Relationship of asymmetric dimethylarginine and homocysteine to vascular aging in systemic lupus erythematosus patients.

Weill Cornell Medical College and Hospital for Special Surgery, New York, New York 10021, USA.
Arthritis & Rheumatology (Impact Factor: 7.48). 02/2010; 62(6):1718-22. DOI: 10.1002/art.27392
Source: PubMed

ABSTRACT Systemic lupus erythematosus (SLE) is independently associated with accelerated atherosclerosis and premature arterial stiffening. Asymmetric dimethylarginine (ADMA) and homocysteine are mechanistically interrelated mediators of endothelial dysfunction and correlates of atherosclerosis in the general population. The aim of this study was to assess the relationship of ADMA and homocysteine to subclinical vascular disease in patients with SLE.
One hundred twenty-five patients with SLE who were participating in a study of cardiovascular disease underwent clinical and laboratory assessment, carotid artery ultrasonography to detect atherosclerosis, and radial artery applanation tonometry to measure arterial stiffness.
Neither ADMA nor homocysteine correlated with the presence or extent of carotid atherosclerosis. In contrast, ADMA was significantly related to the arterial stiffness index. Independent correlates of arterial stiffening included the ADMA concentration, the presence of diabetes mellitus, older age at the time of diagnosis, longer disease duration, and the absence of anti-Sm or anti-RNP antibodies. A secondary multivariable analysis substituting homocysteine for ADMA demonstrated comparable relationships with arterial stiffness (r(2) = 0.616 for homocysteine and r(2) = 0.595 for ADMA).
ADMA and homocysteine are biomarkers for and may be mediators of premature arterial stiffening in patients with SLE. Because arterial stiffness has independent prognostic value for cardiovascular morbidity and mortality, its predictors may identify patients who are at increased risk of cardiovascular disease.

  • [Show abstract] [Hide abstract]
    ABSTRACT: Objective: To determine whether demographic, inflammatory, and metabolic factors predict elevated asymmetric dimethylarginine (ADMA) levels in rheumatoid arthritis (RA). Method: A total of 67 RA patients [mean age 56 ± 12 years, median disease duration 8 (3-15) years] were assessed. Routine biochemistry tests, lipid profile, glycaemic profile [glucose, insulin, homeostasis model assessment (HOMA), quantitative insulin sensitivity check index (QUICKI)], and inflammatory markers were measured in all patients. ADMA levels were measured by enzyme-linked immunosorbent assay (ELISA). Regression analyses were performed to identify predictors of ADMA in RA. Results: Regression analysis revealed that HOMA (β = 0.149, p = 0.003) was an independent predictor of ADMA in RA. From the drug factors, anti-hypertensive medication use was associated with lower ADMA levels (β = -0.081, p = 0.004). ADMA was not associated with RA disease-related parameters or any of the other cardiovascular risk factors that were assessed. Conclusions: HOMA, a strong indicator of insulin resistance, seems to be the main predictor of elevated ADMA levels in RA patients; ADMA may reflect an important pathway linking abnormal insulin metabolism with endothelial dysfunction in RA.
    Scandinavian journal of rheumatology 01/2013; 42(3). · 2.51 Impact Factor
  • Source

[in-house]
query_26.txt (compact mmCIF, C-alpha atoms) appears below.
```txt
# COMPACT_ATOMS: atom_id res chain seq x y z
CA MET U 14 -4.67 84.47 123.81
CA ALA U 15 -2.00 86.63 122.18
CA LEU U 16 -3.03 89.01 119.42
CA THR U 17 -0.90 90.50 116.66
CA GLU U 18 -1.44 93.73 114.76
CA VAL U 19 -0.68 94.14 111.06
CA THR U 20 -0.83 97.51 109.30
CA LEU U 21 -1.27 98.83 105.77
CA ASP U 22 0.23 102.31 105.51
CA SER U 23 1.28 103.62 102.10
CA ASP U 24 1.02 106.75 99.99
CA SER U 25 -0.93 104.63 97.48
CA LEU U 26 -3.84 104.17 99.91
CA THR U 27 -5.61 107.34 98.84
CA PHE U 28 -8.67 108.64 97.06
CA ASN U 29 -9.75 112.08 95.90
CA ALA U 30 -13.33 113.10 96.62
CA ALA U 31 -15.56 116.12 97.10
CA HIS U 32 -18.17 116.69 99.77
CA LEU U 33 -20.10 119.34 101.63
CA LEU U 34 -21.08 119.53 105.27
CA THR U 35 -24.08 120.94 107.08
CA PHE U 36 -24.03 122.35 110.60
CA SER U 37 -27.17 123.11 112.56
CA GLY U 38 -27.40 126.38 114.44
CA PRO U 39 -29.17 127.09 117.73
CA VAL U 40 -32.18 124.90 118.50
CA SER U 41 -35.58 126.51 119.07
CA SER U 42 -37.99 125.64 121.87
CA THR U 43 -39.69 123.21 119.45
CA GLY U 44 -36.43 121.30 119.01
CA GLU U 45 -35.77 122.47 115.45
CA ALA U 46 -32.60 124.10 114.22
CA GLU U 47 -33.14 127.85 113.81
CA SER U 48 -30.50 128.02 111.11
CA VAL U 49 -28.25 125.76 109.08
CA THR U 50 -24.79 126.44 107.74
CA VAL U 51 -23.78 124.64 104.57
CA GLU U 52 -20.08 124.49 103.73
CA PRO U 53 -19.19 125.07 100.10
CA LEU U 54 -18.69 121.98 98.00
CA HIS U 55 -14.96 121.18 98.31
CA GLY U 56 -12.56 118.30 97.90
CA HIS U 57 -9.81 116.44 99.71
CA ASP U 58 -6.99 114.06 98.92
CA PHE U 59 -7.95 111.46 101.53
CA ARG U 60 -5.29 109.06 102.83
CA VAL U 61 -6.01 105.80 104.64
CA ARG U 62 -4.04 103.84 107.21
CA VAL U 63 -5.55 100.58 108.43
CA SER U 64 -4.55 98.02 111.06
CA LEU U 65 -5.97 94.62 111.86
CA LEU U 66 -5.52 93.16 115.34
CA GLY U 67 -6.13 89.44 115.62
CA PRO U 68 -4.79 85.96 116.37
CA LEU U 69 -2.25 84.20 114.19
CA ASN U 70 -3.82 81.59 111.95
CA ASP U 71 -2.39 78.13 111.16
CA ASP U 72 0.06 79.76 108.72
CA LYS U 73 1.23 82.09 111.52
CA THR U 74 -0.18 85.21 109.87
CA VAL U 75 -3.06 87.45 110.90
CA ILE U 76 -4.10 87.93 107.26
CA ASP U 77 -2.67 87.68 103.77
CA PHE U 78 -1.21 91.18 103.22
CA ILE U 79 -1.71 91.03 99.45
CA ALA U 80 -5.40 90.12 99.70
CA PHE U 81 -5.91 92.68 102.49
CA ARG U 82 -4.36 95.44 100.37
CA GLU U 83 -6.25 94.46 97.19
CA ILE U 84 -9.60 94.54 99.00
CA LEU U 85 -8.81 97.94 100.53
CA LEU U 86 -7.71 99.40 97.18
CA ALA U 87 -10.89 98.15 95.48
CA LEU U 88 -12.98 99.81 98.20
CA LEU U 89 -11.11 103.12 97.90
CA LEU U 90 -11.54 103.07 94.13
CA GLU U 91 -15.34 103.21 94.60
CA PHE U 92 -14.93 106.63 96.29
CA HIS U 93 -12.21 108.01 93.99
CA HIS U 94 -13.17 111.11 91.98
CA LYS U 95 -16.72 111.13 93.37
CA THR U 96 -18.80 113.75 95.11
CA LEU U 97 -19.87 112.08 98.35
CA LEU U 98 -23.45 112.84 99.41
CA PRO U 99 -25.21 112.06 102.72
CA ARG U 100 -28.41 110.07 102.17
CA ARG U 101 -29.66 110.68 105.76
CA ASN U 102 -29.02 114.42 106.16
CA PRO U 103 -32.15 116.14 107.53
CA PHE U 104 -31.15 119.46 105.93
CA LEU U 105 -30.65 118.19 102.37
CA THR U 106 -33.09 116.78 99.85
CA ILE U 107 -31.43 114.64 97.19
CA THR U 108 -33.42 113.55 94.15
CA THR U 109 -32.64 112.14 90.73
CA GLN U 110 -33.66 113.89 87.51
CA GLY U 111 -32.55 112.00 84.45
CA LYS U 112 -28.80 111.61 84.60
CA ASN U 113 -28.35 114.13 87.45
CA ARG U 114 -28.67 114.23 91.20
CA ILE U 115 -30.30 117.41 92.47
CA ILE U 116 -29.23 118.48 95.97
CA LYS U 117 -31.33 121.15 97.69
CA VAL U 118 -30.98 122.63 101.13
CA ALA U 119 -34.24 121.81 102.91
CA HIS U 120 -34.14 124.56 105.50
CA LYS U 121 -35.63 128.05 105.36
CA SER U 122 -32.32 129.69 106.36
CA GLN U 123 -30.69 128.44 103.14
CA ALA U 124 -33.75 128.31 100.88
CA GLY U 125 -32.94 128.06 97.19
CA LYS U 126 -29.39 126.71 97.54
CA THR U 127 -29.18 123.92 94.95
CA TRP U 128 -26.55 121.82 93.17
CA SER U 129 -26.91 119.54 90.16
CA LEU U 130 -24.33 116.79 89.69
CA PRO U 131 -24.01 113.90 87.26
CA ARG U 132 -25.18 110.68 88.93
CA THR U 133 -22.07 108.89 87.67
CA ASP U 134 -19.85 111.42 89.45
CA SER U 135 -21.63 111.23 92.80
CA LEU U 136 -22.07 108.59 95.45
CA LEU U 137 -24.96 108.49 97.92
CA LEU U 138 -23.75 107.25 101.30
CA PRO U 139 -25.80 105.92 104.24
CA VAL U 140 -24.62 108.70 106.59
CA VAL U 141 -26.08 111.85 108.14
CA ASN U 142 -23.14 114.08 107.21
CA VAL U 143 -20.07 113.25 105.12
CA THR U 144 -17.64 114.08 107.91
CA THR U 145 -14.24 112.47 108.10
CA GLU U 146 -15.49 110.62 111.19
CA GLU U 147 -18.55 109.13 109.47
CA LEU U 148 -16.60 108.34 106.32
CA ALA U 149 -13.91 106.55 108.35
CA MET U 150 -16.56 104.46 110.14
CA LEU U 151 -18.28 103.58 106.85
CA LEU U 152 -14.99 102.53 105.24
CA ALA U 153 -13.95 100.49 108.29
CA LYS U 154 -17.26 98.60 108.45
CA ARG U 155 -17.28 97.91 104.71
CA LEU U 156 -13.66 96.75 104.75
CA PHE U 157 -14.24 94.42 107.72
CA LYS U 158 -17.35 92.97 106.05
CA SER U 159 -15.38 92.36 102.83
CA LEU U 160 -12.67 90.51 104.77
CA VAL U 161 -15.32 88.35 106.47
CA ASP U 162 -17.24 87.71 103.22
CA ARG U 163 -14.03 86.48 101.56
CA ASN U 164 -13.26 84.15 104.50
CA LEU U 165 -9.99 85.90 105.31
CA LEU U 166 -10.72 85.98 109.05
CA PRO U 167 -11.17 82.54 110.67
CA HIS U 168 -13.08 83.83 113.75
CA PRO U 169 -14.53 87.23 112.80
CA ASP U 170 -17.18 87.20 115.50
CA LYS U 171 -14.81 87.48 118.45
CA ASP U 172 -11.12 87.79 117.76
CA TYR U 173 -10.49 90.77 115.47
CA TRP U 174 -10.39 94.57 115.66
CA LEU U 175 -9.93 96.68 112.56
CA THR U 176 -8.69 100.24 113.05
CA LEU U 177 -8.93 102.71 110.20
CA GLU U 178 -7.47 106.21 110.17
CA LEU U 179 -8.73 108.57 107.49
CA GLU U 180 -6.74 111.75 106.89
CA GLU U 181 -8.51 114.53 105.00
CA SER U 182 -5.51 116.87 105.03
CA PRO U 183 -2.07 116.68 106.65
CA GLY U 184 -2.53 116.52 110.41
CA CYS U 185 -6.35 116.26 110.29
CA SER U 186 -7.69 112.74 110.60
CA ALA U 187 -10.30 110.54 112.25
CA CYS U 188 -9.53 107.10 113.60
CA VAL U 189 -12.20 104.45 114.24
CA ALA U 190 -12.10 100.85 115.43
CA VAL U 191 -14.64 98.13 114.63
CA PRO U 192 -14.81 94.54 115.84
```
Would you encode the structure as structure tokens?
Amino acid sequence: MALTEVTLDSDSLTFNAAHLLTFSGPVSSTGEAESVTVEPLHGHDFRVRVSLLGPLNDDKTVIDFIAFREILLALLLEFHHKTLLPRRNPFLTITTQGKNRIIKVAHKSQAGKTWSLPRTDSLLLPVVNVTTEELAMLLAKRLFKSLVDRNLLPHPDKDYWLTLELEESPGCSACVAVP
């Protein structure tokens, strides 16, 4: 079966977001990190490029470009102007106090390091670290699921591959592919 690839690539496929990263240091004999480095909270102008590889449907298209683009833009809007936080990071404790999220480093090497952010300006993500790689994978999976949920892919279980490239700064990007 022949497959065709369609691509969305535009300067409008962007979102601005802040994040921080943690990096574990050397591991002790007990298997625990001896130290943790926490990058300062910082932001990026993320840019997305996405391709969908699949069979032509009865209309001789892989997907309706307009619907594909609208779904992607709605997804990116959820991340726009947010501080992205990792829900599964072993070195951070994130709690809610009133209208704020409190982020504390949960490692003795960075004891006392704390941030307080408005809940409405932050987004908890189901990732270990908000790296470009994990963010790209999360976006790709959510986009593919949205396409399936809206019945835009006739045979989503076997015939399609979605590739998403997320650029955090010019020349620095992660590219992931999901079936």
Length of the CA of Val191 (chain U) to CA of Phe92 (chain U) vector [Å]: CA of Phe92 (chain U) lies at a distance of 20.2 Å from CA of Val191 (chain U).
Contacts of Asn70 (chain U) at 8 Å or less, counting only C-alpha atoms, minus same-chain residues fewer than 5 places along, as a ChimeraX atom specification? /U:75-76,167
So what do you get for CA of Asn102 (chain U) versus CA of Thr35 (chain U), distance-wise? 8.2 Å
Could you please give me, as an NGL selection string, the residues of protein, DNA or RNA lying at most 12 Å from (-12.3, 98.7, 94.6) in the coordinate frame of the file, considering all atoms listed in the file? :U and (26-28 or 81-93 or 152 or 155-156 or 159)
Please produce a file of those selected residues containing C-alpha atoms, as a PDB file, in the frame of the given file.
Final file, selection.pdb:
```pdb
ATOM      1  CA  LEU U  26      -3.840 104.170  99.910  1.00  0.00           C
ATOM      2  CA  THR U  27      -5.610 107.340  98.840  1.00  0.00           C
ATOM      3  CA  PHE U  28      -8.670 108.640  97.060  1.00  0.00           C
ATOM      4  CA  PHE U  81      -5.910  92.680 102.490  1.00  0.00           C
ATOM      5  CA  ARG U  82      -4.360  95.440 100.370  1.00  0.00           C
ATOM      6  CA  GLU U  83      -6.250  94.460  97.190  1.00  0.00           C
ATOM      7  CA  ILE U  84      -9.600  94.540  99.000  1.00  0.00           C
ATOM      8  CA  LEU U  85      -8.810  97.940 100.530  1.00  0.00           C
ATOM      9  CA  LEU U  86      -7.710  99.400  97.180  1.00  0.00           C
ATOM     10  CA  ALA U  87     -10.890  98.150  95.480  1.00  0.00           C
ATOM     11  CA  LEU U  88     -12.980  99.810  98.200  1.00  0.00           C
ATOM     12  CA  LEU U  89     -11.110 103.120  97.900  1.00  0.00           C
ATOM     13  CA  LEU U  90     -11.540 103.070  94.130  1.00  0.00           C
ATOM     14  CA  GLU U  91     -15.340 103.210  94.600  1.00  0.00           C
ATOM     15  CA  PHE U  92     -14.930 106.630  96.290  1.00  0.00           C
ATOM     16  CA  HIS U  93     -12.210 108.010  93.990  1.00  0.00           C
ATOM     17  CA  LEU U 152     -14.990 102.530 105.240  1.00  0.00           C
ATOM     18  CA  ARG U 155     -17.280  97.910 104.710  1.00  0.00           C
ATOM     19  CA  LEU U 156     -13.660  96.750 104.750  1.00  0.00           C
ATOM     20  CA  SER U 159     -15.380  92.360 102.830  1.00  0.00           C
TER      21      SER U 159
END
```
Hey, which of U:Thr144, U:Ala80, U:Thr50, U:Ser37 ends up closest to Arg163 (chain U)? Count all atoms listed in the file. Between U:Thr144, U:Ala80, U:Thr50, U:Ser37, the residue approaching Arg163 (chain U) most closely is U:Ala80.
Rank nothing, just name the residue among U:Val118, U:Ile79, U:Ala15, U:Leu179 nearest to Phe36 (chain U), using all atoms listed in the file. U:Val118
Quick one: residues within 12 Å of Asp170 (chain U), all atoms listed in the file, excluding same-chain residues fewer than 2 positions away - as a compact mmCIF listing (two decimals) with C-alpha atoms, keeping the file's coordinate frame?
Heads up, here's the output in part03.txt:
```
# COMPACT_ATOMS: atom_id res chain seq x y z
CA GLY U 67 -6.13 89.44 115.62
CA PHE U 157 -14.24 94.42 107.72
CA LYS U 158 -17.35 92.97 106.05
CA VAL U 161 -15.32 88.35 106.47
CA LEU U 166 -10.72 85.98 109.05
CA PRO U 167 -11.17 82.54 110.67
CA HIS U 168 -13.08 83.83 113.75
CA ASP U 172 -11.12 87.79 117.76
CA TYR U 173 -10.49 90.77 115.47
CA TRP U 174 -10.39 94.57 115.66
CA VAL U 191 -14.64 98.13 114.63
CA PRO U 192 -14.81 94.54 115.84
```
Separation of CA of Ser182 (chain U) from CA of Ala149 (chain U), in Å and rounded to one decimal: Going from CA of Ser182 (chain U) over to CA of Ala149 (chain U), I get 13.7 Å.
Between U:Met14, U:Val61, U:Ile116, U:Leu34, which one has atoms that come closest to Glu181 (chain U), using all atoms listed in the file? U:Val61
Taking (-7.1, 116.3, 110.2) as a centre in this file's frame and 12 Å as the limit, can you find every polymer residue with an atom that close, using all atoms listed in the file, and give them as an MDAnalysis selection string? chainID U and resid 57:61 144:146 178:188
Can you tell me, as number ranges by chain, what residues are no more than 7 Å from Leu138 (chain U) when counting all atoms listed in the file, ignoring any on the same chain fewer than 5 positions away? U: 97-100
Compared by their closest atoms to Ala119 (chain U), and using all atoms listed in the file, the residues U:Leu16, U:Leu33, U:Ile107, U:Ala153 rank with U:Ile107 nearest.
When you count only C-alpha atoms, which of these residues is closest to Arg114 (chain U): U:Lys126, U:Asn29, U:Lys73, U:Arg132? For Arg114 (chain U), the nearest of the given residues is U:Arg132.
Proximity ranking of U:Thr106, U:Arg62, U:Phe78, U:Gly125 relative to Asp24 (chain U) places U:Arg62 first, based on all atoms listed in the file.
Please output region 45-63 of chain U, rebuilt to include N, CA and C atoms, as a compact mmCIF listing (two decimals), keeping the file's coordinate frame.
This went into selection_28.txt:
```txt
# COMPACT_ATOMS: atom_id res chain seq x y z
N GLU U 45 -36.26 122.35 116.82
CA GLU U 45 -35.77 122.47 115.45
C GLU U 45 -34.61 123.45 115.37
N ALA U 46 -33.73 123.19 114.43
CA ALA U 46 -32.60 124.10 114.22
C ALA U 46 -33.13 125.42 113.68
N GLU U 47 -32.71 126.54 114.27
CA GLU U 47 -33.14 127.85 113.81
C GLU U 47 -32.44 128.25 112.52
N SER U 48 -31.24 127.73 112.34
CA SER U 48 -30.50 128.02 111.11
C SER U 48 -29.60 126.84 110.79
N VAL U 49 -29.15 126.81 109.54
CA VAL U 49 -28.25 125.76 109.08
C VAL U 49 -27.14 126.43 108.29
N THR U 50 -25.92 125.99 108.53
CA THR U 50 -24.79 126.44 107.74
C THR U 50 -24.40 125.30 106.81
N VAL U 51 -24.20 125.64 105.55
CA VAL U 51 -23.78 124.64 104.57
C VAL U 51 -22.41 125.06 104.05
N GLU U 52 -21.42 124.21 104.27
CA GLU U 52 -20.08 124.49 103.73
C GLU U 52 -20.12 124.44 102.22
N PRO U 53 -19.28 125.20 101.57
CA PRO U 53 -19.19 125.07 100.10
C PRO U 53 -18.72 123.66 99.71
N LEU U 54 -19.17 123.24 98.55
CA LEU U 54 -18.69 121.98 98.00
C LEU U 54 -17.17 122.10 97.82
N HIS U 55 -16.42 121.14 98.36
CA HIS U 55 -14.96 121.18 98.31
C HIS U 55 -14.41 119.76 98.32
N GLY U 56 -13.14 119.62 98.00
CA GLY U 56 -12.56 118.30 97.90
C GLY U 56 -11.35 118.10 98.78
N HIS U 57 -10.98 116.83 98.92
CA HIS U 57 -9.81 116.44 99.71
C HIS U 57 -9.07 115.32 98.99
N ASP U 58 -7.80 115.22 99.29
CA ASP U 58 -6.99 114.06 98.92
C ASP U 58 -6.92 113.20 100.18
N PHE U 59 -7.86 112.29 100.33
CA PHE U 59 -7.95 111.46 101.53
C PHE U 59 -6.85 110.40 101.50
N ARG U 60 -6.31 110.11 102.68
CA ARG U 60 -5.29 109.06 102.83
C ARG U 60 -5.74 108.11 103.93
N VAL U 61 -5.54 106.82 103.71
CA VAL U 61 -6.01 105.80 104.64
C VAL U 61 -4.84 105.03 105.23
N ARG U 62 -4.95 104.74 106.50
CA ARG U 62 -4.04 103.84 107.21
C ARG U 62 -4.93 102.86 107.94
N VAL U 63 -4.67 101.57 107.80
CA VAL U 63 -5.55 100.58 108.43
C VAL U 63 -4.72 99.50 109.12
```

[Show abstract] [Hide abstract]
    ABSTRACT: Serum homocysteine, when studied singly, has been reported to be positively associated both with the endogenous nitric oxide synthase inhibitor asymmetric dimethylarginine [ADMA, via inhibition of dimethylarginine dimethylaminohydrolase (DDAH) activity] and with symmetric dimethylarginine (SDMA). We investigated combined associations between transsulfuration pathway thiols, including homocysteine, and serum ADMA and SDMA concentrations at population level. Data on clinical and demographic characteristics, medication exposure, C-reactive protein, serum ADMA and SDMA (LC-MS/MS), and thiols (homocysteine, cysteine, taurine, glutamylcysteine, total glutathione, and cysteinylglycine; capillary electrophoresis) were collected from a sample of the Hunter Community Study on human ageing [n = 498, median age (IQR) = 64 (60-70) years]. REGRESSION ANALYSIS SHOWED THAT: a) age (P = 0.001), gender (P = 0.03), lower estimated glomerular filtration rate (eGFR, P = 0.08), body mass index (P = 0.008), treatment with beta-blockers (P = 0.03), homocysteine (P = 0.02), and glutamylcysteine (P = 0.003) were independently associated with higher ADMA concentrations; and b) age (P = 0.001), absence of diabetes (P = 0.001), lower body mass index (P = 0.01), lower eGFR (P<0.001), cysteine (P = 0.007), and glutamylcysteine (P<0.001) were independently associated with higher SDMA concentrations. No significant associations were observed between methylated arginines and either glutathione or taurine concentrations. After adjusting for clinical, demographic, biochemical, and pharmacological confounders the combined assessment of transsulfuration pathway thiols shows that glutamylcysteine has the strongest and positive independent associations with ADMA and SDMA. Whether this reflects a direct effect of glutamylcysteine on DDAH activity (for ADMA) and/or cationic amino acid transport requires further investigations.
    PLoS ONE 01/2013; 8(1):e54870. · 3.53 Impact Factor
  • [Show abstract] [Hide abstract]
    ABSTRACT: The prevalence of atherosclerosis (ATH) is higher in patients with systemic lupus erythematosus (SLE) and occurs at an earlier age. The lupus-related factors that account for this increased risk are likely numerous and related to the factors described in this article. Identifying of at-risk subjects and increasing the understanding of pathogenesis of ATH in SLE is critical for improving the quality of care and improving mortality in this vulnerable population.
    Rheumatic Disease Clinics of North America 08/2014; · 1.74 Impact Factor